BODY AND MIND: Monologue on a gynaecological taboo TOP TO TOE: No other part of the body is so loaded with meaning. Jerome Burne puts the vagina into perspective
By JEROME BURNE
If you were compiling a list of totally impossible topics to put on the stage, the vagina would have to come near the top. Yet on St Valentine's day last month a staggering 18,000 people gathered in New York's Madison Square Garden tosee The Vagina Monologues.
The play is based on more than 200 interviews conducted by Eve Ensler with women about their vagina. First performed in 1996, it has been seen all over the US and in London, serving up what's been sniffily described as "reconstituted 1970s radical feminism".
Reconstituted or not, it has obviously hit a nerve. It has "outed" a topic more commonly confined to gynaecology consulting rooms, women's groups or porn websites; searching the web for the word "vagina" produced a list that included "carcinoma of the vagina" and "perverts' delight".
Perhaps no other part of the body is so loaded with meaning: a symbol of women's pleasure and power, the object of the most aggressive male sexuality, and a source of infection and disease.
Reference books are pretty straightforward about the anatomy. The word vagina originally means sheath - for a sword: no subtlety there. Guarding the entrance are the labia majora, formed from tissue that in males creates the scrotum, and the labia minora, which is packed with sweat glands. On either side of the entrance are the glands of Bartholins, which produce much of the mucus that lubricates the vagina.
Inside, the lining of the walls contain glycogen - stored starch - which is fermented by bacteria to produce lactic acid. This makes the vagina slightly acidic, which is very beneficial since most other micro-organisms don't like it.
But those same books can become comically turgid when dealing with the vagina and sex. Here is the Encyclopaedia Britannica on arousal: "(It) begins with psychogenic events in higher neural centres (which) cause excitation of sacral parasympathetic outflow, innervating vascular tissues". Nothing about the controversial G spot, described in one sex manual as "a spongy dime-size area on the front wall of your vagina about 2in in". While a clitoral orgasm causes contractions in the first third of the vagina, it is claimed that the G spot orgasm triggers spasms throughout the pelvic region.
Whatever the manuals say, the clitoris has a lot more physiological evidence on its side for being the site of the female orgasm. Not only is it the only organ of the body with no other function except pleasure, but it is also the most sensitive. With 8,000 nerve fibres, it has a concentration of nerves greater than the fingertips and tongue, and twice the number in the penis.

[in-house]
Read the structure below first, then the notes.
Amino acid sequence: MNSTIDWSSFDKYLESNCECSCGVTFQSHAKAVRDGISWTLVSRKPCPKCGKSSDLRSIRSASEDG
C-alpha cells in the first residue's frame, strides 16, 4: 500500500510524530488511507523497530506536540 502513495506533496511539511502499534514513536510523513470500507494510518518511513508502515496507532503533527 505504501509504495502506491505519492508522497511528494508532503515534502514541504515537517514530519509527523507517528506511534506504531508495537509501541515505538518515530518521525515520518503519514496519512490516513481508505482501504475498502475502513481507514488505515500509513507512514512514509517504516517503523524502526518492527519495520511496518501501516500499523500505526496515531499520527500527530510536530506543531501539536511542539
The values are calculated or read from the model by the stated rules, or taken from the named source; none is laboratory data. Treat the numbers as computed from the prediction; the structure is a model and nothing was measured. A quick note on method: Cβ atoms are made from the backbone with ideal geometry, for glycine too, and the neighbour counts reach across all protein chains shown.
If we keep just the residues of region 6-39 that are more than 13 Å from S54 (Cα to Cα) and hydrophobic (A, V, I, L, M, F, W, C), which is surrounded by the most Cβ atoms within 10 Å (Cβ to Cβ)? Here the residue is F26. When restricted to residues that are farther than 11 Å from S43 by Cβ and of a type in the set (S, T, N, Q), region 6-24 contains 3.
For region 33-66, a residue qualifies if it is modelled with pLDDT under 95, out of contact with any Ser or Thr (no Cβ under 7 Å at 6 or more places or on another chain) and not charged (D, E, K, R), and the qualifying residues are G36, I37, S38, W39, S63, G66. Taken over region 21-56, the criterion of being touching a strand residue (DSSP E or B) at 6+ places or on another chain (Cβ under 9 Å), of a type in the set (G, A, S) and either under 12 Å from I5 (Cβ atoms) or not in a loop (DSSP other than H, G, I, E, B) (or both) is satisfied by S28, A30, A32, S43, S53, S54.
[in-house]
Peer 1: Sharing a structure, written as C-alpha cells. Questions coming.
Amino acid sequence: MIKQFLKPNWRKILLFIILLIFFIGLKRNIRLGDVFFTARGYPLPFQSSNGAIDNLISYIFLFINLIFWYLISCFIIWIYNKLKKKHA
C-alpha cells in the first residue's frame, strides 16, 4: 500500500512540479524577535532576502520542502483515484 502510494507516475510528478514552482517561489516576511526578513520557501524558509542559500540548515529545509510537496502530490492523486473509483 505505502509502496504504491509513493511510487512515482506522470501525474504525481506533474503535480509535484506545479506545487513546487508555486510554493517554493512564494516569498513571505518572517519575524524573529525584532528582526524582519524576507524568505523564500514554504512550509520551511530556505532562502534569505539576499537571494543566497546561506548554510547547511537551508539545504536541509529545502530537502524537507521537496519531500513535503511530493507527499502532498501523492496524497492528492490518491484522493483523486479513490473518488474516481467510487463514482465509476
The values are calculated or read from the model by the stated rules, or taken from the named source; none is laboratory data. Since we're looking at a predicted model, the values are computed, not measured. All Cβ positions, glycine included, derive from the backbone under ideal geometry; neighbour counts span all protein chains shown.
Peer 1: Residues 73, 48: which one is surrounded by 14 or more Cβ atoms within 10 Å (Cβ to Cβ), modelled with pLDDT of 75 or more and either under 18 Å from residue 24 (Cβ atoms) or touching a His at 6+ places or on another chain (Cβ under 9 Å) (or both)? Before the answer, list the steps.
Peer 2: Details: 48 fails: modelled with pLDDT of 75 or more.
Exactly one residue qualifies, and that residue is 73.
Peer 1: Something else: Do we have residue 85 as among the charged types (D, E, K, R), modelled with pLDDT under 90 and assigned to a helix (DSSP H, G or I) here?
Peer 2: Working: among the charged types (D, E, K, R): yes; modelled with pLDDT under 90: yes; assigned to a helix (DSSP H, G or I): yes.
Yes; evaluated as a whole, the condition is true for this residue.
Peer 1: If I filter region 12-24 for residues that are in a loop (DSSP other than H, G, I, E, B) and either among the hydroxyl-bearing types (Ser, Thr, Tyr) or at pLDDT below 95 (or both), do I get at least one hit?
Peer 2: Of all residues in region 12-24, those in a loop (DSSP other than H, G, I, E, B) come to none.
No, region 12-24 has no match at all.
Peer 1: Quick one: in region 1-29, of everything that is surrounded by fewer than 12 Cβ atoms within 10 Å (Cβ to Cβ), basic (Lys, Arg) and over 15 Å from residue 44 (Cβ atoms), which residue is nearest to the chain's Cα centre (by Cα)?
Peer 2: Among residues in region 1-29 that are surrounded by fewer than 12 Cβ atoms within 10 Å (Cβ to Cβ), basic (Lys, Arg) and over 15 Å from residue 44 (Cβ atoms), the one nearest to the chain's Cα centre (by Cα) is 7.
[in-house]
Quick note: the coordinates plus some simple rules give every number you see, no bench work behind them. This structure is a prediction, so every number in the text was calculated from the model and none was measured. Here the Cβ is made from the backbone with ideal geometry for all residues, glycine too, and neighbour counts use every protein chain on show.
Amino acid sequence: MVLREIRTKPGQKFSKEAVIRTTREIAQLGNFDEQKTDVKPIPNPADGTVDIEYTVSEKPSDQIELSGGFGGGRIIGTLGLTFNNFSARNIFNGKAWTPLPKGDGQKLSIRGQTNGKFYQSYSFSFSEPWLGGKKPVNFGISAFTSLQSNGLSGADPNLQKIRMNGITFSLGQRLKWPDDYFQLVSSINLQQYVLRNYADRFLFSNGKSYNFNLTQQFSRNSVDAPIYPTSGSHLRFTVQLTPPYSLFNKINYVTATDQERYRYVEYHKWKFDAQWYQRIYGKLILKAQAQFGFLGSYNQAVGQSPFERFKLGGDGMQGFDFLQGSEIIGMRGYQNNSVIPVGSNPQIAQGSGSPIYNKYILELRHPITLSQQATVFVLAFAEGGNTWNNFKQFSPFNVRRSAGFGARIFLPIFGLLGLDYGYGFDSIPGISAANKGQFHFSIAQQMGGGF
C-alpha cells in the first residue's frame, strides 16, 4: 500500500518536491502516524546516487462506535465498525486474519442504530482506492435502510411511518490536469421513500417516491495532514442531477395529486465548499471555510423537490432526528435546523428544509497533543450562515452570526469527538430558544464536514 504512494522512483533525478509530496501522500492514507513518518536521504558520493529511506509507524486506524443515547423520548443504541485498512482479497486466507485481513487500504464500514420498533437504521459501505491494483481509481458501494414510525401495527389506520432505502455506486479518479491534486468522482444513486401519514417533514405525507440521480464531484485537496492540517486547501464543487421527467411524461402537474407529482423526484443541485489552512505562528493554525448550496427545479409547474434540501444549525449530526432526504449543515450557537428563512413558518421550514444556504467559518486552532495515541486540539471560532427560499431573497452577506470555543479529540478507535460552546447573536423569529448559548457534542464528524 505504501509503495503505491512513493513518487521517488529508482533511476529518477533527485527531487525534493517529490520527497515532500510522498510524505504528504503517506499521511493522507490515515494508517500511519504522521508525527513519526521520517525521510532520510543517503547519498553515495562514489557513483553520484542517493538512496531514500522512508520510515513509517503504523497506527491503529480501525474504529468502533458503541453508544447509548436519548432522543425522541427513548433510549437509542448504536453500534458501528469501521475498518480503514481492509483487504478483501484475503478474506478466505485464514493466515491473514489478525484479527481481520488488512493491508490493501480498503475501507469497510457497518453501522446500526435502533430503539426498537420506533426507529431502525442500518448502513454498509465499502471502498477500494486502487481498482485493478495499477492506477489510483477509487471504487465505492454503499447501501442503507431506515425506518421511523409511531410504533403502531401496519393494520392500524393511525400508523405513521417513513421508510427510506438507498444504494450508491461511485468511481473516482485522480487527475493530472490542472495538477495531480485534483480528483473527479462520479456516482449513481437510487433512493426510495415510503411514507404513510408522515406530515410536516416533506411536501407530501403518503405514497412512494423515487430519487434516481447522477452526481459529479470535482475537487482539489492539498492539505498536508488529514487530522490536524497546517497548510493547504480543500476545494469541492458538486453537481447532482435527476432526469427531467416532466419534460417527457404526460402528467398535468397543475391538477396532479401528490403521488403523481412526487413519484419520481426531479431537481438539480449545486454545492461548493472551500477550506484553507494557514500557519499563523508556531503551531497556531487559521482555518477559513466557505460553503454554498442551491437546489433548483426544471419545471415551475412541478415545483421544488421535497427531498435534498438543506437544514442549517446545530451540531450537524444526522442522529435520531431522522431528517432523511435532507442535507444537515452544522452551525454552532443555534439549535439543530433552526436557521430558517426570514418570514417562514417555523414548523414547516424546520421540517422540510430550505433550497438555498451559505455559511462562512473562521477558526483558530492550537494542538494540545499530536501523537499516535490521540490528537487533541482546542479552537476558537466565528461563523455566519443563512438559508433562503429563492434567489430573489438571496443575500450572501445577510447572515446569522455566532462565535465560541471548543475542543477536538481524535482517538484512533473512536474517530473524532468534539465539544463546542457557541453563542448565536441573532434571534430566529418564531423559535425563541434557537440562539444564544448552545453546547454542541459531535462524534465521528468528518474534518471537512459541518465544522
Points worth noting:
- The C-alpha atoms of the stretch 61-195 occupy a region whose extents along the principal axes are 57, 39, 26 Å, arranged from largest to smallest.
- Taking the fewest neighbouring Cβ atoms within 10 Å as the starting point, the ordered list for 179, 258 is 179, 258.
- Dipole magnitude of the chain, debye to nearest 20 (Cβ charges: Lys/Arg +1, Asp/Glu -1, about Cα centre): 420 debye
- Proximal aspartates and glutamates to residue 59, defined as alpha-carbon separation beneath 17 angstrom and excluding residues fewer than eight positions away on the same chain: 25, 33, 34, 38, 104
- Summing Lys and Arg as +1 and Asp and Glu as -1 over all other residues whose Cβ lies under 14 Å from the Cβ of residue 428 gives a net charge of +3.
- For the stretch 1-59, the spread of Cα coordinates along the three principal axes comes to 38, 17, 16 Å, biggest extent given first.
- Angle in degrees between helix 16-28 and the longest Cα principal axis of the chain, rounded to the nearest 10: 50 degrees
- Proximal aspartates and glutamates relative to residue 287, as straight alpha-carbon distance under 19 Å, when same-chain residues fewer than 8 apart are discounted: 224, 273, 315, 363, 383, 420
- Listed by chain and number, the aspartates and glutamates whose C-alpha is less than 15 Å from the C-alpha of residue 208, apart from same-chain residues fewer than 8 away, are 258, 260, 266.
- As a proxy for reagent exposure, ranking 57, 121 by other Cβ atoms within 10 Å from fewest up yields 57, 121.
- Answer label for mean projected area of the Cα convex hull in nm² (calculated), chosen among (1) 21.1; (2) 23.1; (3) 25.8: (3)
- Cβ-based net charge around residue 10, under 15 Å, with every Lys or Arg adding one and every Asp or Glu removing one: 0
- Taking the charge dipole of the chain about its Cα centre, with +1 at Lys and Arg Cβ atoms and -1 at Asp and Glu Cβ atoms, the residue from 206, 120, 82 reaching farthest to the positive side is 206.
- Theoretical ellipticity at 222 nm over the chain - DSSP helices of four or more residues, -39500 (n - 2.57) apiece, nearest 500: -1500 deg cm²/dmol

What's more, it has long been neglected by the medical profession. It was only two years ago that an Australian researcher discovered that the erectile tissue inside the vagina that is attached to the clitoris is at least twice as large as shown in all the most up-to-date anatomy textbooks.
Helen O'Connell, a urology surgeon at the Royal Melbourne Hospital, Australia, produced a radically revised map, using a new 3D camera. "There's a lot of erectile tissue down there that's not drawn in any anatomy textbooks," she says. "It's closer to the urethra and encompasses a far larger area of the anterior vaginal wall than most people thought."
Not only has it been wrongly charted in medical textbooks, but for much of this century they have actually ignored it. One study found that while the 1901 edition of that medical bible, Gray's Anatomy, clearly labels the clitoris, by 1948 the labels have been deleted. And Gray's wasn't the only one. Eight other anatomy textbooks published between 1950 and 1971 either had no clitoris at all or something that could be a clitoris but which was unlabelled.
If the vagina's role in sexual pleasure has been underplayed, there is no shortage of details on the possibilities of disease and infection.
Many micro-organisms seem to find a home there. Gonorrhoea, caused by the bacteria Neisseria gonorrhoea, has perhaps the longest medical history. In the 1970s, the blisters caused by the herpes virus emerged as a source of concern, along with a protozoan parasite known as trichomonas vaginalis, which causes inflammation and discharge.
For some years the fungal infection Candida has been a controversial source of problems. Some practitioners see it as affecting many women in a variety of ways, from an obvious discharge and inflammation to tiredness and debilitation. Others say it is often wrongly diagnosed and should not affect most women unless they have a damaged immune system.
The latest worry is infection by the bacteria Chlamydia trachomatis, which has no symptoms. Earlier this year new research linked it to cervical cancer and inflammatory heart disease. It is alarmingly common among young women; a recent survey found that one in three women under the age of 25 were infected.
But if the hazards of disease are not enough, the vagina has become the latest target for plastic surgery. In Los Angeles, women who describe themselves as having that "flippy floppy" feeling, are flocking to the Laser Vaginal Rejuvenation clinic run by David Matlock.
On offer is laser vaginal rejuvenation, for tightening the vagina for "enhanced sexual gratification", as well as the more radical option of designer laser vaginoplasty, which will aesthetically modify labia. Soon, Matlock promises, these procedures will be available internationally as a franchise. He has even developed a technique called hymenalplasty, which will give women a new hymen - apparently it is very popular among Middle Eastern women.
So is this cosmeticisation of the vagina a positive step for women or yet more slavish catering to men's wishes? It could undoubtedly be the topic of a monologue. The vagina is the body politic made flesh.